The event logic is specified using the common four value system (0, 1, Z, X). If an event is specified with non-negative event timing, then the event logic determines the action that the device logic simulator should take (on a per pin basis). For a force event, the event logic values may be those listed:

FORCE_LOW Drive the device pin low 0
FORCE_HIGH Drive the device pin high 1
FORCE_OFF Turn the device pin driver off Z

For a compare event, the event logic values may be those listed:

COMPARE_LOW Acquire data and expect device pin to be 0
low
COMPARE_HIGH Acquire data and expect device pin to be 1
high
COMPARE_MIDBAND Acquire data and expect device pin Z
to be in the middle

For each compare event with non-negative timing, the interface converts the device pin response provided by the device logic simulator into one of the values given below:

RESPONSE_LOW Got low pin response 0
RESPONSE_HIGH Got high pin response 1
RESPONSE_MIDBAND Got middle pin response Z
RESPONSE_UNKNOWN Got invalid pin response X

Each digital pin is assigned a unique value, and the virtual tester uses this value as a pointer into the data structure that specifies the force and compare events. During a given virtual tester cycle, the virtual tester selects the digital pins sequentially, and for each digital pin the virtual tester reads the logic values from the data structure, processes the force events and the compare events, receives the responses to the compare events for which the event timing is not negative, and sends the responses to the server process.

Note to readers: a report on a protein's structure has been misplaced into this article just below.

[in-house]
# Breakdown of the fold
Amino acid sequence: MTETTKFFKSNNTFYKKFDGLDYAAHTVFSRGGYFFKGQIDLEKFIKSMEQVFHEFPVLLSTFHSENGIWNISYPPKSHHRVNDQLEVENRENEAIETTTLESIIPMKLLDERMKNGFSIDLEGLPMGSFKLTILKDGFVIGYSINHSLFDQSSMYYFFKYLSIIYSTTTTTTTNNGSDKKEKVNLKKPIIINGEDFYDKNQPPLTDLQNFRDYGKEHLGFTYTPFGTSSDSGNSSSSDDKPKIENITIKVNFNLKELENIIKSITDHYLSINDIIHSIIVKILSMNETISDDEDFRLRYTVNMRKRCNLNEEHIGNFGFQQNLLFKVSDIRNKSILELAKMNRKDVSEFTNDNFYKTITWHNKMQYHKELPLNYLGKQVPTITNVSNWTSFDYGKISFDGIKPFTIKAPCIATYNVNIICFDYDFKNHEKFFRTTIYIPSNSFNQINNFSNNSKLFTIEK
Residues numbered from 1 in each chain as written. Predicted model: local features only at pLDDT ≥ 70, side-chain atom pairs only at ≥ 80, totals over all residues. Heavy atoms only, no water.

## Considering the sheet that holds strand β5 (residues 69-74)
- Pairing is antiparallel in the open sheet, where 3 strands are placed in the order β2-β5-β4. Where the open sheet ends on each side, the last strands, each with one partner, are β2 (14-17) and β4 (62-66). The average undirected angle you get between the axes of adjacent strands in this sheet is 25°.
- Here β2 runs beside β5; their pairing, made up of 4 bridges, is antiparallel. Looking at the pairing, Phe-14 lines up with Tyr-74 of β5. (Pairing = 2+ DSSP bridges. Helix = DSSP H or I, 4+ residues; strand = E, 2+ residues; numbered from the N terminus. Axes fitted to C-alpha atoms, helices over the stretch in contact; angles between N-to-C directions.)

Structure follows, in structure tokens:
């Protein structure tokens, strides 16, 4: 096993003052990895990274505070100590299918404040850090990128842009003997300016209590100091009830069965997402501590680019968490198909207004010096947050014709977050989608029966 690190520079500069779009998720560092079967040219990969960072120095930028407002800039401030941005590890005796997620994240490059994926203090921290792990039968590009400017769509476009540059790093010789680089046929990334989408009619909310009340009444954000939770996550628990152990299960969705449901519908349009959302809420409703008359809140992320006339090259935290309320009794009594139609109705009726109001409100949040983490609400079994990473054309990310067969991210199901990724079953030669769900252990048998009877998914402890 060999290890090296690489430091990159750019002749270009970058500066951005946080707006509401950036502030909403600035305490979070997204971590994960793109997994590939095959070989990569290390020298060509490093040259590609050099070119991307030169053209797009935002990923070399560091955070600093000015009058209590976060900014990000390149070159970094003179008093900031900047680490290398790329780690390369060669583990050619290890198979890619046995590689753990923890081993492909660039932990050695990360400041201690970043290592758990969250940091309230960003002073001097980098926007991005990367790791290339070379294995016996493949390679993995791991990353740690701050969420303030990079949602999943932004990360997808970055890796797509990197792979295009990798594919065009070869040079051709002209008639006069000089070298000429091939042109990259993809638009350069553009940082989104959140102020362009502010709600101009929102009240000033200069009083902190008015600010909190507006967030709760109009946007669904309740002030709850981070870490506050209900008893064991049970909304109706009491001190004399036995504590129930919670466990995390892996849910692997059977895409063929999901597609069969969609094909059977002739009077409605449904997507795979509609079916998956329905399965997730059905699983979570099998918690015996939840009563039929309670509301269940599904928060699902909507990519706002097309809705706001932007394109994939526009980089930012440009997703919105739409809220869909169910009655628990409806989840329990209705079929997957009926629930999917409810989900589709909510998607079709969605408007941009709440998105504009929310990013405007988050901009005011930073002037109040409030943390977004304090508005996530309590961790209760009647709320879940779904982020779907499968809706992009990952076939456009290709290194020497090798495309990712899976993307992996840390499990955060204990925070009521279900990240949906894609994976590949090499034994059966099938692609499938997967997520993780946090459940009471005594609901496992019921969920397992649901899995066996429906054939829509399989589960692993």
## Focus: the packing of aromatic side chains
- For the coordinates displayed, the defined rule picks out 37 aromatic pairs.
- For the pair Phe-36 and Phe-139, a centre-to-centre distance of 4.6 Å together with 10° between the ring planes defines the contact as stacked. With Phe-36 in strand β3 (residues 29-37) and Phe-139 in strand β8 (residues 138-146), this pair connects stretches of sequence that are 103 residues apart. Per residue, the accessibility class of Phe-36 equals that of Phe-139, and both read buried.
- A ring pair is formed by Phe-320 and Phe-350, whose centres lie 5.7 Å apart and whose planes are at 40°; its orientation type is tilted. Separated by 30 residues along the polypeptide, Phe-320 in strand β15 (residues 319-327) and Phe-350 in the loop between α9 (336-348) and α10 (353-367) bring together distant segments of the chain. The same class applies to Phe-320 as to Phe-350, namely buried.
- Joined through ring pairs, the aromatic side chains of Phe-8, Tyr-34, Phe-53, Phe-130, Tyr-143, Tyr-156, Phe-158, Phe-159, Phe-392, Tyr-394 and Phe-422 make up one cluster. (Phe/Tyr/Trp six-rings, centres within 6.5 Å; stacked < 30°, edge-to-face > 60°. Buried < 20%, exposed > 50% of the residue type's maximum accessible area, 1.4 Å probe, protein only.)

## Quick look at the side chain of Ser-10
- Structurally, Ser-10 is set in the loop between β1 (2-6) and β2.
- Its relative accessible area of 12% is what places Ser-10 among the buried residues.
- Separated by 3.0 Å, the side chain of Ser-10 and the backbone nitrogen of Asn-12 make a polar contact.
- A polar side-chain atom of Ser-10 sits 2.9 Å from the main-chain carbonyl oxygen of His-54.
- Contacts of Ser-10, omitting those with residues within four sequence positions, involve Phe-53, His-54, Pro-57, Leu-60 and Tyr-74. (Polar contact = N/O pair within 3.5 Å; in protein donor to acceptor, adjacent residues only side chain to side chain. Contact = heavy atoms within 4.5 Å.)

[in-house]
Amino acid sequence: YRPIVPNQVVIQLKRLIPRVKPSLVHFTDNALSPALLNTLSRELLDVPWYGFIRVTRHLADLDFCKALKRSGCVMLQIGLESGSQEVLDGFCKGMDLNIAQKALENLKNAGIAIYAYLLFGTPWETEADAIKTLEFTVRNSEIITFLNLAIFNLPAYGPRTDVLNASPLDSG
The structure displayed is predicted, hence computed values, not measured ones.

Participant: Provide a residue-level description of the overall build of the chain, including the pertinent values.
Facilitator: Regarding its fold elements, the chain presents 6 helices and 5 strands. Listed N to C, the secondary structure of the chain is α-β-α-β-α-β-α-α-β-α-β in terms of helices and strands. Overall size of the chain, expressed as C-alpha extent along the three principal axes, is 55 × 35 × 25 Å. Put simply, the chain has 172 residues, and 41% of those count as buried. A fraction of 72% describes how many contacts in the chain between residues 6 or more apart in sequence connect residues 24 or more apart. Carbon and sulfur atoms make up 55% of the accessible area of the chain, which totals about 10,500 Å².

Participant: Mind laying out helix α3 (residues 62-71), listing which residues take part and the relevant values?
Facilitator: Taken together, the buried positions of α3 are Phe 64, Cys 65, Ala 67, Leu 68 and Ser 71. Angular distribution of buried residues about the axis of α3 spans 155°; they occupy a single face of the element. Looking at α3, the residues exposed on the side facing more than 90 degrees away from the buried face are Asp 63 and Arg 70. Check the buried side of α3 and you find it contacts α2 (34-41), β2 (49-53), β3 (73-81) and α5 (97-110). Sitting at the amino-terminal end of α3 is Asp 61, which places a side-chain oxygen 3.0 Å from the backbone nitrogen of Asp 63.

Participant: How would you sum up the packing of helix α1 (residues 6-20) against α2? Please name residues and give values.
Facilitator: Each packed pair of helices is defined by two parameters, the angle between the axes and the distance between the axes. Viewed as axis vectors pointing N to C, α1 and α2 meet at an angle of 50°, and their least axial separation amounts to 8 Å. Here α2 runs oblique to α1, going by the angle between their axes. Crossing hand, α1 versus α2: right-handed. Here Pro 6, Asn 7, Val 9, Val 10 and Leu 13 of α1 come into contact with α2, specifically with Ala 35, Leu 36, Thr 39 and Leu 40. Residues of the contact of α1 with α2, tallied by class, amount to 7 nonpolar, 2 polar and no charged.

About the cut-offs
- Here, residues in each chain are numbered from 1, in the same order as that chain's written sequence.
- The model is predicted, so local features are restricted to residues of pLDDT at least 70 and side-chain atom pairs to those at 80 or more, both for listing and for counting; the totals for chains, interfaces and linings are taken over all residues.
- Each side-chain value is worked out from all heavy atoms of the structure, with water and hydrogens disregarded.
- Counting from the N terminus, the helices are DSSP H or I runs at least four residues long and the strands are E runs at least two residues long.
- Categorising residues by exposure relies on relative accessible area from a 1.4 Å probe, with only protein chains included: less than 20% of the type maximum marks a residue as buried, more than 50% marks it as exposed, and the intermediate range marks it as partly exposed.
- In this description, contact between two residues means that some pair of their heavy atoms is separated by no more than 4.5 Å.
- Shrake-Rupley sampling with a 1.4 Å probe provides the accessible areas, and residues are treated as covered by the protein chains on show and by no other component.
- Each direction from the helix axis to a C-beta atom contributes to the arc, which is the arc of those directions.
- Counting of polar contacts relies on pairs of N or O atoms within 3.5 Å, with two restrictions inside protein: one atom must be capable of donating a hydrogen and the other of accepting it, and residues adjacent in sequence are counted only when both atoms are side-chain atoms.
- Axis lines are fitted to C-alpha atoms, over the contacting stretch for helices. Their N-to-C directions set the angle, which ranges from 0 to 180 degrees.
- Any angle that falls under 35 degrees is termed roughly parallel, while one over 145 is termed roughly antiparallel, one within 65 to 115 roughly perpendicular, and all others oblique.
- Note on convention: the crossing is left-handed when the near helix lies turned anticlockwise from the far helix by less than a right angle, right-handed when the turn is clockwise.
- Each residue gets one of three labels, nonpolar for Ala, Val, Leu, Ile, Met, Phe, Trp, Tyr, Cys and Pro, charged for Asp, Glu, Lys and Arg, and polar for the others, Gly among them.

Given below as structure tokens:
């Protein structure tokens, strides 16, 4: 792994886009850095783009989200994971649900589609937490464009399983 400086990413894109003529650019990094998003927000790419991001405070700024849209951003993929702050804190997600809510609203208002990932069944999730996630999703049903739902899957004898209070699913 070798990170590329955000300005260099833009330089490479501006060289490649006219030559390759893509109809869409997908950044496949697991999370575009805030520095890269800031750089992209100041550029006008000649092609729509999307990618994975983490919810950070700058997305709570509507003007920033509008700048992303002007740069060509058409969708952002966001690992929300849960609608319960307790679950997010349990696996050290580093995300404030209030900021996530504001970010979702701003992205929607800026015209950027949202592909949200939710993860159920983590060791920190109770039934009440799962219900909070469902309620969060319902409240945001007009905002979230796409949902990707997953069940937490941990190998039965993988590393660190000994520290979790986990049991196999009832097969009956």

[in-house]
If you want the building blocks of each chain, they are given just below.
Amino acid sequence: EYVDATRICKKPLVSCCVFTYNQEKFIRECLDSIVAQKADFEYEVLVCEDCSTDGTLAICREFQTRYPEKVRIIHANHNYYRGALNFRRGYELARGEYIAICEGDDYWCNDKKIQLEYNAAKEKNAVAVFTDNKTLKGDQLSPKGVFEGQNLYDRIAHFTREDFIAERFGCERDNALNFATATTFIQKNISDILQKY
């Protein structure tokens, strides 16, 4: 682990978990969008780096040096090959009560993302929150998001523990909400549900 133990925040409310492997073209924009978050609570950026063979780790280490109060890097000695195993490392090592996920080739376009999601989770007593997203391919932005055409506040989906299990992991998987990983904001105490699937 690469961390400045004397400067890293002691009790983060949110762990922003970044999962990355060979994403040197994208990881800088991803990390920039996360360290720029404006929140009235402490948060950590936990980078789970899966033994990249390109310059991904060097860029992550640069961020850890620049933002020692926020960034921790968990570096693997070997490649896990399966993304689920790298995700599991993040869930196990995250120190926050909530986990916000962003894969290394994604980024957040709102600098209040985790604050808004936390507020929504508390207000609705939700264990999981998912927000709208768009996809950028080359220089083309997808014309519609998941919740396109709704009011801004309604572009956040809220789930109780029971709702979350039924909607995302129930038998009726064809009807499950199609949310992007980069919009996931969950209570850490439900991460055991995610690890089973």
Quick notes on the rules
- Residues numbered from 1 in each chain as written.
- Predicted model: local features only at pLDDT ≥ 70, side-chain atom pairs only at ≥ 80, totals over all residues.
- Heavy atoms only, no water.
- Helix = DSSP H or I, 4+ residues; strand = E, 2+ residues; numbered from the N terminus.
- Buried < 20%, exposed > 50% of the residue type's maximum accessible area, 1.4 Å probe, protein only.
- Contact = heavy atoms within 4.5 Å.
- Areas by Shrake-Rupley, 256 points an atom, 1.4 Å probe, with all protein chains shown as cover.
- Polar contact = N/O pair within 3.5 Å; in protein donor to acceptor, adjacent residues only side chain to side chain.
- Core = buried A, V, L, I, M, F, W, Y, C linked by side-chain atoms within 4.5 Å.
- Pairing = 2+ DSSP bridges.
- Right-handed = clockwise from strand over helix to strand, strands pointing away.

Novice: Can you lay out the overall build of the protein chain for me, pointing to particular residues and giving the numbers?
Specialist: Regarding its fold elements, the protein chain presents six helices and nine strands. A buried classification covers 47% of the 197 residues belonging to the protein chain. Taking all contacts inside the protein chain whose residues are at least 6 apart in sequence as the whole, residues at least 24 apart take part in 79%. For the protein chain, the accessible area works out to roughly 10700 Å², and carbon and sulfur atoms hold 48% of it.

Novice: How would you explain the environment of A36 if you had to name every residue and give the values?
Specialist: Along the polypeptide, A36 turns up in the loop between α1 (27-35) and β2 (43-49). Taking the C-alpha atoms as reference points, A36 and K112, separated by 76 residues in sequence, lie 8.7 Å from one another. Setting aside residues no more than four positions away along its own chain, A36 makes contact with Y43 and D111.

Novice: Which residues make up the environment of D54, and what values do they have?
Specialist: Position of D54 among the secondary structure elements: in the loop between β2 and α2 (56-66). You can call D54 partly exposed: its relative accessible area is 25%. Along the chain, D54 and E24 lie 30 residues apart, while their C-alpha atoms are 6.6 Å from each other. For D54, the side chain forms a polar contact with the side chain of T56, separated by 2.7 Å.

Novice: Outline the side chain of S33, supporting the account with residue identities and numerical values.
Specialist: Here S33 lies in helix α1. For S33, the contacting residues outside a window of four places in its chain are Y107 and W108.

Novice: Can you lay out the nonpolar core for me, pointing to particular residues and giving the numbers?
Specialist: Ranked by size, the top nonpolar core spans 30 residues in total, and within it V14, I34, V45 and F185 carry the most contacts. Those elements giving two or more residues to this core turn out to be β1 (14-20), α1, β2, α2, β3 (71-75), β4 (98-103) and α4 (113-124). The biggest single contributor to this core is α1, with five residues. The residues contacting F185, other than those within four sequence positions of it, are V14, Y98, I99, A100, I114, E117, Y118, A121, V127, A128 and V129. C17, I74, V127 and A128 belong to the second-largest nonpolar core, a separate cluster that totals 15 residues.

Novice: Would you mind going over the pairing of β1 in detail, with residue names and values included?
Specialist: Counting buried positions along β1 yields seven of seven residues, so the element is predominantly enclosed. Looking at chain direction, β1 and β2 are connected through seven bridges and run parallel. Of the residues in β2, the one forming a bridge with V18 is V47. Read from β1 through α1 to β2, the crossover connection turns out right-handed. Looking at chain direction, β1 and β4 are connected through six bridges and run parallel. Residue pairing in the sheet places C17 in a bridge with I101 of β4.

By treating all digital pins and all virtual tester cycles alike with respect to the number of force and compare events, the virtual tester and the virtual tester interface are simplified.

Although the invention has been described in the context of an implementation in which the duration of the virtual tester cycle is equal to the cycle duration of one of the time domains, this is not essential to the invention. The duration of the virtual tester cycle is selected in order to ensure that the virtual tester cycle can align the independent time domains, i.e. ensure the proper temporal relationships across time domains, while still preserving the ability of the time domains to have complex behavior.